Micheal FitzMaurice: What we need now is a rural political party

Joe Finnegan has been a fixture on the airwaves of the border and midland counties for several decades now, and his morning show on Shannonside Northern Sound FM is one of the most-listened to current affairs programmes in the country, even if it regularly escapes the attention of the national media. And so, many people may have missed this appearance, yesterday morning, by Independent TD Michael FitzMaurice.

The money quote, from Finnegan: “Is it fair to say, Michael FitzMaurice, that if you and others are not successful in forming a rural-based political entity to represent the concerns of rural Ireland, which could go in as a junior partner in a coalition Government, you will not be running in the next election?” Fitzmaurice’s reply: “Yes, that is fair to say”.

New political parties come and go and setting up a political party is one of the hardest things anybody can do. The challenges are immense: Our political system means, for example, that one person alone cannot make the difference, since you can only be elected in one constituency. Peadar Toibín, for example, has a relatively safe seat. But the challenge for Aontú is, and has been, finding other people to win seats elsewhere. They’ve managed some good candidates in places like Wexford, Cavan Monaghan, and Cork North West, but it has naturally been a struggle to find candidates elsewhere. And without running candidates in every constituency, it becomes much harder to hit that 2% of the vote which is required to access state funding.

That’s before you consider the other challenges: New parties tend to attract the disaffected. Those who, for whatever reason, have not found a home in the rest of the political system. Often, that means people with – to put it kindly – ideas that are far outside the mainstream of the country. It is very easy to find yourself setting up a political party to deal with economic issues, and suddenly find that you have candidates and activists who are mostly concerned with the amount of fluoride in the water, or whether 5G is a conspiracy. This, of course, makes it easy for the media and other parties to portray your new enterprise as slightly mad.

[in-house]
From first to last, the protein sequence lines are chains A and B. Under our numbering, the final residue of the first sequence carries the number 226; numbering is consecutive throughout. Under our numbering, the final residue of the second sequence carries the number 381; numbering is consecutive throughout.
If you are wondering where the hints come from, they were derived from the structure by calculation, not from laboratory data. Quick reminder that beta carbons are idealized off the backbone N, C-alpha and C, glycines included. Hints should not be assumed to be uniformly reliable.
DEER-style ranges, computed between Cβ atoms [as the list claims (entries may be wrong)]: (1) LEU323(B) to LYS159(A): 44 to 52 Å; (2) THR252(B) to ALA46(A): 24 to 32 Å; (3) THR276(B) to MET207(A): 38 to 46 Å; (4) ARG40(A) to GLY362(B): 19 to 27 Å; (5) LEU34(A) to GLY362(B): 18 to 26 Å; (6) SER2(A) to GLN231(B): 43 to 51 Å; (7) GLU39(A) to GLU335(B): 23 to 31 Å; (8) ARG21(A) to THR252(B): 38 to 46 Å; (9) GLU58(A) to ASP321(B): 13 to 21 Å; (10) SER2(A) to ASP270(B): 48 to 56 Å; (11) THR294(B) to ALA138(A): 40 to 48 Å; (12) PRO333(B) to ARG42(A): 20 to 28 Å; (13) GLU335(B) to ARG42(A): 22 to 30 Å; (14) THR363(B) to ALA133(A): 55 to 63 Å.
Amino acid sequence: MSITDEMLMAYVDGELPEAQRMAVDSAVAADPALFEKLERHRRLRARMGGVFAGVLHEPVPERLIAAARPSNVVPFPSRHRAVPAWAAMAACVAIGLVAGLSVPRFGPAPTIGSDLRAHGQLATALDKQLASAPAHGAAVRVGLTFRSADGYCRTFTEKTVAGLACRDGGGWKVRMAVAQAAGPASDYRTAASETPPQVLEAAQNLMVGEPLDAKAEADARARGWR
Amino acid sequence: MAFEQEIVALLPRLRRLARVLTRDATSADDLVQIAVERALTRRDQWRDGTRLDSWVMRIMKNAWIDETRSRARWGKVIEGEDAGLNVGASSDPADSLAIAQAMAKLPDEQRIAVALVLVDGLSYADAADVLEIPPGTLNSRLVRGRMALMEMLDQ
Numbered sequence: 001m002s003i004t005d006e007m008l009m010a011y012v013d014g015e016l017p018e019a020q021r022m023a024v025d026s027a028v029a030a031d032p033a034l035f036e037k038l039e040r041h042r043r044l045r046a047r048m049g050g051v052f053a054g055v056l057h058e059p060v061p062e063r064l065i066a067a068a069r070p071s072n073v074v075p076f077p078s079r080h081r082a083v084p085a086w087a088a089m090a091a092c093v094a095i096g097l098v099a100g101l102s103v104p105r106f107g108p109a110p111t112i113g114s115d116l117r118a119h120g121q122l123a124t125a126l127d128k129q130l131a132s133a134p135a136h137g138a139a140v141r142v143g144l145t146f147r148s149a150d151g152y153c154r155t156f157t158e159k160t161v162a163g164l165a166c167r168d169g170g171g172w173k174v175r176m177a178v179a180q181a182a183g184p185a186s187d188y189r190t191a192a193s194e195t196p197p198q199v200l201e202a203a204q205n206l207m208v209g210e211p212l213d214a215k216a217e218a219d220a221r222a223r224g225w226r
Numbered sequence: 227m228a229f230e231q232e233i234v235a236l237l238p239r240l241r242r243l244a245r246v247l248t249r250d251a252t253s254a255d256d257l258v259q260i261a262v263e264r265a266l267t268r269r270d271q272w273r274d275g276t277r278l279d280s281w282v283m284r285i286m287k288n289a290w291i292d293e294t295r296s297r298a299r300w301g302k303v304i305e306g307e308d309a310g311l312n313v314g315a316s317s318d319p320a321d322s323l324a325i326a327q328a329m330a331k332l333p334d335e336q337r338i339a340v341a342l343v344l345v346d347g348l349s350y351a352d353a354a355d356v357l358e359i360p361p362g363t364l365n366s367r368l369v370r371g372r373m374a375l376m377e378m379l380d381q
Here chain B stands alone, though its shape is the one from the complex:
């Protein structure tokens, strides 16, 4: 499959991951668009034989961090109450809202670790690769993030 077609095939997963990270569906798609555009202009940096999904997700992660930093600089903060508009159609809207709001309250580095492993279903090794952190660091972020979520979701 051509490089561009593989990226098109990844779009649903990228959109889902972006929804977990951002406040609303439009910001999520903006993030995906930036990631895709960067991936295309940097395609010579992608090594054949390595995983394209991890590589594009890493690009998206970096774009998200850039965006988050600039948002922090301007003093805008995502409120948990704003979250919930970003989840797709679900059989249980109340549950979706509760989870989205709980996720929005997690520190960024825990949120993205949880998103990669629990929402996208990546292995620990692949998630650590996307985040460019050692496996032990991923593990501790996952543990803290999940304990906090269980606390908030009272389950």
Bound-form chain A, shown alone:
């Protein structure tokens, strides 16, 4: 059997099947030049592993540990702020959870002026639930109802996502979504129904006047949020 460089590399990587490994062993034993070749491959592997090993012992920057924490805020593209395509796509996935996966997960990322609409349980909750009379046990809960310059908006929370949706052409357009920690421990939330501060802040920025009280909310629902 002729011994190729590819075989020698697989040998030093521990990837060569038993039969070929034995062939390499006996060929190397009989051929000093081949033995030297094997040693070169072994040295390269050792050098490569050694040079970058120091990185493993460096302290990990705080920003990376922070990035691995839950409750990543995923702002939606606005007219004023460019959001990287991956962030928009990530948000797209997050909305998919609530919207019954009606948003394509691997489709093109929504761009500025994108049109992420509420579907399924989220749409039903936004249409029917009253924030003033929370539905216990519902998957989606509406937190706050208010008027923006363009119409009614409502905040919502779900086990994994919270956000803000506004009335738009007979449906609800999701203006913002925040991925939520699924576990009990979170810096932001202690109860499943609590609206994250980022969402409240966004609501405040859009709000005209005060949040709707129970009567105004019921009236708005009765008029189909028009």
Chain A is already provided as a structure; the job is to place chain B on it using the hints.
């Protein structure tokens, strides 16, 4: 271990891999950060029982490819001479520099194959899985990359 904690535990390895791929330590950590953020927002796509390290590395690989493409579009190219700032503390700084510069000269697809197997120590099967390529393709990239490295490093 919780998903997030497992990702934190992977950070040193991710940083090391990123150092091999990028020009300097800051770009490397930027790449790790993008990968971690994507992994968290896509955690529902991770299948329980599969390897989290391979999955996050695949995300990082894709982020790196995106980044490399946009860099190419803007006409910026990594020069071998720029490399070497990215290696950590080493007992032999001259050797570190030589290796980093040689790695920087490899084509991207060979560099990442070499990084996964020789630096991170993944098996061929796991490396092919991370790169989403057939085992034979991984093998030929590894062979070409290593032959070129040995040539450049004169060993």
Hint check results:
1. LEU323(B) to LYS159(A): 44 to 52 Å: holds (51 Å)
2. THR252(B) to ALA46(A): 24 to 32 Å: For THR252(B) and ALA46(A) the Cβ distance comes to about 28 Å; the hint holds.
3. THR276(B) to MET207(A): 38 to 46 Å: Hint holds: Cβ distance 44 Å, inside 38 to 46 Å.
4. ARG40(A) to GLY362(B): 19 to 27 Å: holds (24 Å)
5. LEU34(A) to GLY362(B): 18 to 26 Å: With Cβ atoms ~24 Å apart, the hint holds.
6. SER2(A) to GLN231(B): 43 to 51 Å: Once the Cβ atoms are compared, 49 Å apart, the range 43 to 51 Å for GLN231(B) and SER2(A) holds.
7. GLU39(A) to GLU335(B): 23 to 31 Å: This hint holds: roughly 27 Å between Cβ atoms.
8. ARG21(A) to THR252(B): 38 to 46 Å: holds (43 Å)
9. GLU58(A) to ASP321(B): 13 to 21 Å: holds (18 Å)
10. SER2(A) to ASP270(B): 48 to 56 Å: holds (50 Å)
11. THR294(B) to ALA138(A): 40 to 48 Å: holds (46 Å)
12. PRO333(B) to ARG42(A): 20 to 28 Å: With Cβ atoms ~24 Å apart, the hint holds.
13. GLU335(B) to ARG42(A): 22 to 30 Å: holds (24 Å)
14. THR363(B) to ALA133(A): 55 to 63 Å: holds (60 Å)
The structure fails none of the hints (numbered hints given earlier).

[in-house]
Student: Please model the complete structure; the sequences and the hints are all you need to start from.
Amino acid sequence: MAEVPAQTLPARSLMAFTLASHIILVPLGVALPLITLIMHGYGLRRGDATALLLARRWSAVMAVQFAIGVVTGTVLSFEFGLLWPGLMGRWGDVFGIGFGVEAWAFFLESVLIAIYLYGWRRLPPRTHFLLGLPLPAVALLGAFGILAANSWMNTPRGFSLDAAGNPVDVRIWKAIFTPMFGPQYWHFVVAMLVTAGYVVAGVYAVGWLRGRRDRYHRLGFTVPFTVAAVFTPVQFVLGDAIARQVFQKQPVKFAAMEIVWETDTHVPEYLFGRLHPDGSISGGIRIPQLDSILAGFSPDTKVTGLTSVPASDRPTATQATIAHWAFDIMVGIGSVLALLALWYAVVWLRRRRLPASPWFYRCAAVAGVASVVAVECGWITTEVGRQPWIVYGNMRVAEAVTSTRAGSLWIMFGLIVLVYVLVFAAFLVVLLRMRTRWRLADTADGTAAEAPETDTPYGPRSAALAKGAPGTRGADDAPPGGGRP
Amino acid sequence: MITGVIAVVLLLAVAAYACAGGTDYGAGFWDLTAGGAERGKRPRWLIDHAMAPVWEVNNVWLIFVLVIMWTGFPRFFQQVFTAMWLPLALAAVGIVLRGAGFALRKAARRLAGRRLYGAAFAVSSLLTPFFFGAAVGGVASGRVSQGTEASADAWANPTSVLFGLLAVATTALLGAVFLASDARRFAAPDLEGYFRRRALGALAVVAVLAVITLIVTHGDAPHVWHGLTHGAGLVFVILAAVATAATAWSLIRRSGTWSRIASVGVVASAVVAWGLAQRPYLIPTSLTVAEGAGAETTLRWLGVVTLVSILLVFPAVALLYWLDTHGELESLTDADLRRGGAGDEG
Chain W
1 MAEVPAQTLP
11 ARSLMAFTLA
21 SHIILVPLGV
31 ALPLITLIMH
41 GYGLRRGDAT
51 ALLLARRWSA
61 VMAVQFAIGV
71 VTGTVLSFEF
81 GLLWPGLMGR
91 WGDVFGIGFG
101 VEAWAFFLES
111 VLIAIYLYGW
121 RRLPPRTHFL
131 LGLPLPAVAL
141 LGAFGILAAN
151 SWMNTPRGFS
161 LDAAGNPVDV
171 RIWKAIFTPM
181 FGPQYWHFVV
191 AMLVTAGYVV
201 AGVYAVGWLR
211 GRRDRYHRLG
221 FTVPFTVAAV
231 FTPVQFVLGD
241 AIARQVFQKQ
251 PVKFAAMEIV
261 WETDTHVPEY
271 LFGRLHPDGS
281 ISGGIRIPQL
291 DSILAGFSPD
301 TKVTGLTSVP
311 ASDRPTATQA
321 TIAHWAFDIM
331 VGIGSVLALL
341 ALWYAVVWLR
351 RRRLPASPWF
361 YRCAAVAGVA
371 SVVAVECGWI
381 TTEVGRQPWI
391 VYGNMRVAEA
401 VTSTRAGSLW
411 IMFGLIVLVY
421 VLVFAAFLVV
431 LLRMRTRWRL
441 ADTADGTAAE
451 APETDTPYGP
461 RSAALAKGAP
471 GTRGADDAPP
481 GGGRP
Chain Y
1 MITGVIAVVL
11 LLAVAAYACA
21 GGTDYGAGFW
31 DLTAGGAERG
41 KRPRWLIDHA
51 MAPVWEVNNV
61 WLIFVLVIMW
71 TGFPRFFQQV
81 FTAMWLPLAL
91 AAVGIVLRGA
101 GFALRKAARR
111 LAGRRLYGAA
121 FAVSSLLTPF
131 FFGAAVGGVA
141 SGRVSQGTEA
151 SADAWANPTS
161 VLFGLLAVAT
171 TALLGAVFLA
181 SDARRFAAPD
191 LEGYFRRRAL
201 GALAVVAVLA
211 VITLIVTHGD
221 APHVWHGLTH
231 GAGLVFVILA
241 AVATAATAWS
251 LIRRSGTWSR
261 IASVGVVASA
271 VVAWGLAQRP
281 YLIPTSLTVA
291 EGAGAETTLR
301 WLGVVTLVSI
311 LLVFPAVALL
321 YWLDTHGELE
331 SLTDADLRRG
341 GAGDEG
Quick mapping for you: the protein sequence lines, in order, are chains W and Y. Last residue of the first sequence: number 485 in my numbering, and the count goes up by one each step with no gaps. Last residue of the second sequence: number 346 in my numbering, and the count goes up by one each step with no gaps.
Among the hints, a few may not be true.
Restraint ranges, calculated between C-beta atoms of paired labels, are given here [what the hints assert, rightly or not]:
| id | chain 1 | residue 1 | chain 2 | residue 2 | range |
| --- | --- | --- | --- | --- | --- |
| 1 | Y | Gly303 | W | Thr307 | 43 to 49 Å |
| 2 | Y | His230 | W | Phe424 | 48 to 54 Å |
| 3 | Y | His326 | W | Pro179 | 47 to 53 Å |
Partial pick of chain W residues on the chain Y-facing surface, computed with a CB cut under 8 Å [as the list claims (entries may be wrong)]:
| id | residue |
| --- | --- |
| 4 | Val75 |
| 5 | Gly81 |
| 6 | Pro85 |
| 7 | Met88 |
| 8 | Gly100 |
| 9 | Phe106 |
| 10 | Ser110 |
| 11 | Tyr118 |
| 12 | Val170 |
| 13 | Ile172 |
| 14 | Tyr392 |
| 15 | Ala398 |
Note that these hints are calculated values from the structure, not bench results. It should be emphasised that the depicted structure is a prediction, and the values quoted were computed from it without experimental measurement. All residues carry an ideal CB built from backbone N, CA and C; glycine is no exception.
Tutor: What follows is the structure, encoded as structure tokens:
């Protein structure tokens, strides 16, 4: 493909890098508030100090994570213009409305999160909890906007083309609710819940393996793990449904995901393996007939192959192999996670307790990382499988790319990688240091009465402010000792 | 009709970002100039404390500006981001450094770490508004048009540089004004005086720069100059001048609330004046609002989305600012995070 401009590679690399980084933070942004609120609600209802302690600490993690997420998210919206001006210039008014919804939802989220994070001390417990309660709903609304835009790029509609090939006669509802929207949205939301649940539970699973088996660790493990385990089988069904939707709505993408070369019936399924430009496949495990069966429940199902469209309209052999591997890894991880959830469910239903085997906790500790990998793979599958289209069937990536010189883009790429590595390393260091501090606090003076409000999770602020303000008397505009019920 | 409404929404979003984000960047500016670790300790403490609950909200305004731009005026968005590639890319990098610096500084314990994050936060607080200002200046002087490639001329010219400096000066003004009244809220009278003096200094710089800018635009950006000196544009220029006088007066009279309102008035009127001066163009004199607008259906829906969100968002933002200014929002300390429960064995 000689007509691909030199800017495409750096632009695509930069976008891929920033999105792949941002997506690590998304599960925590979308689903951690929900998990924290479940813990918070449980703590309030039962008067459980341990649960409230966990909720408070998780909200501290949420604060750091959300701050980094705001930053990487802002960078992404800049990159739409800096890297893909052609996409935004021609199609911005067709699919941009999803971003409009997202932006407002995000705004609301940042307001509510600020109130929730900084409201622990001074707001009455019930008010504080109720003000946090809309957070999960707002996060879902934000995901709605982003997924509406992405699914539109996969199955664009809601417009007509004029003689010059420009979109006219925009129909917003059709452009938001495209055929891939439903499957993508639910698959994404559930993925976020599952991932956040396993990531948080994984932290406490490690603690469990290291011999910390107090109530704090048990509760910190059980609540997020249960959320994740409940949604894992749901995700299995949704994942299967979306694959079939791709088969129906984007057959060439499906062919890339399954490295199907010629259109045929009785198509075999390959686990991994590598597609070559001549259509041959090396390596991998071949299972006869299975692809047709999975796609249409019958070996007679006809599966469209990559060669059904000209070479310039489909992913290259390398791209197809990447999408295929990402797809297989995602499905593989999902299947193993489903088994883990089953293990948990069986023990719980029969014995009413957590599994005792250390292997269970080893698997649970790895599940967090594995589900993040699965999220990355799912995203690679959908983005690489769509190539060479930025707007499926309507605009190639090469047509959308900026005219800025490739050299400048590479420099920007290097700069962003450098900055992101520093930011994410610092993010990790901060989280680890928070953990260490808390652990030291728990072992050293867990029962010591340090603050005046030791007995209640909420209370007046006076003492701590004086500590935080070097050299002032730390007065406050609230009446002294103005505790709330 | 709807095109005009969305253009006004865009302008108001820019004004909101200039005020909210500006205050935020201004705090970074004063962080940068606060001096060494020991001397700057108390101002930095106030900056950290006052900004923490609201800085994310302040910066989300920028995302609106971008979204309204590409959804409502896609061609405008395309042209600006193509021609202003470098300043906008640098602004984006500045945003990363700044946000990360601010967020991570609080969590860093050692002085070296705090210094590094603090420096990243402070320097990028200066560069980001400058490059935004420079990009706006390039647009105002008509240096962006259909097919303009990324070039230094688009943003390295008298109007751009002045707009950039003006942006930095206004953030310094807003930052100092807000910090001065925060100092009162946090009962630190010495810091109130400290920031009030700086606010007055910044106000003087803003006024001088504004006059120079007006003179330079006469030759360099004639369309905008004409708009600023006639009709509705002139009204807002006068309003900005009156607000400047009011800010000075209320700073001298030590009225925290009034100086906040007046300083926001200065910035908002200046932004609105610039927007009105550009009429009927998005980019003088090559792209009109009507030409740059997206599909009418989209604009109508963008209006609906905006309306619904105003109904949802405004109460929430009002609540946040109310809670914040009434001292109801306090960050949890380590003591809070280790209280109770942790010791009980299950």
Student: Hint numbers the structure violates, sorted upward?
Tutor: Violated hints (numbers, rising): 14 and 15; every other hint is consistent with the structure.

But FitzMaurice has an advantage, or, at least, a potential advantage: There are lots of politicians who might, in theory at least, align with him who are already elected, and already broadly respected. Indeed, although there is no guarantee or evidence that any of these people would sign on, a party that comprised FitzMaurice, along with Noel Grealish, Denis Naughten, The Healy Rae brothers, Mattie McGrath, Verona Murphy, Michael Collins, and Carol Nolan, to name but a few, would already have 9 seats, and be the fifth largest party in the Dáil. That makes it easier to attract candidates, and voters, and much easier to pass the 2% threshold at an election.

But would any of those people sign on?

Arguably, each of them has a higher national profile as an independent than they would as a member of a party. Most of them are independents because, well, they are very politically independent minded. Would they really or easily make the transition to being back-benchers for a political party, having to go out and sell policies in the media that they do not personally agree with? It is hard to see.

What is clear, though, is that there is a market for something like this. All of the people mentioned – along with others, like Marion Harkin and Michael McNamara – won their elections with big votes. Many of them pulled support from an electorate that once voted for Fianna Fáil and Fine Gael, but find themselves disillusioned by those parties. There are many other voters who may be drawn to an opposition alternative that is neither hard left, nor Sinn Fein. The gap in the market exists, but filling it is not straightforward.

Still, there is plenty of international precedent for a successful, rural, populist party. The National Party of Australia, for example, has been successful for many years. Here in Ireland, we’ve had short-lived mainly rural groups in the past. There is a market for it, but FitzMaurice will probably find it easier said than done.


Share mdi-share-variant mdi-twitter mdi-facebook mdi-whatsapp mdi-telegram mdi-linkedin mdi-email mdi-printer mdi-chevron-left Prev Next mdi-chevron-right Related
Comments are open

The biggest problem Ireland faces right now is:

View Results

Loading ... Loading ...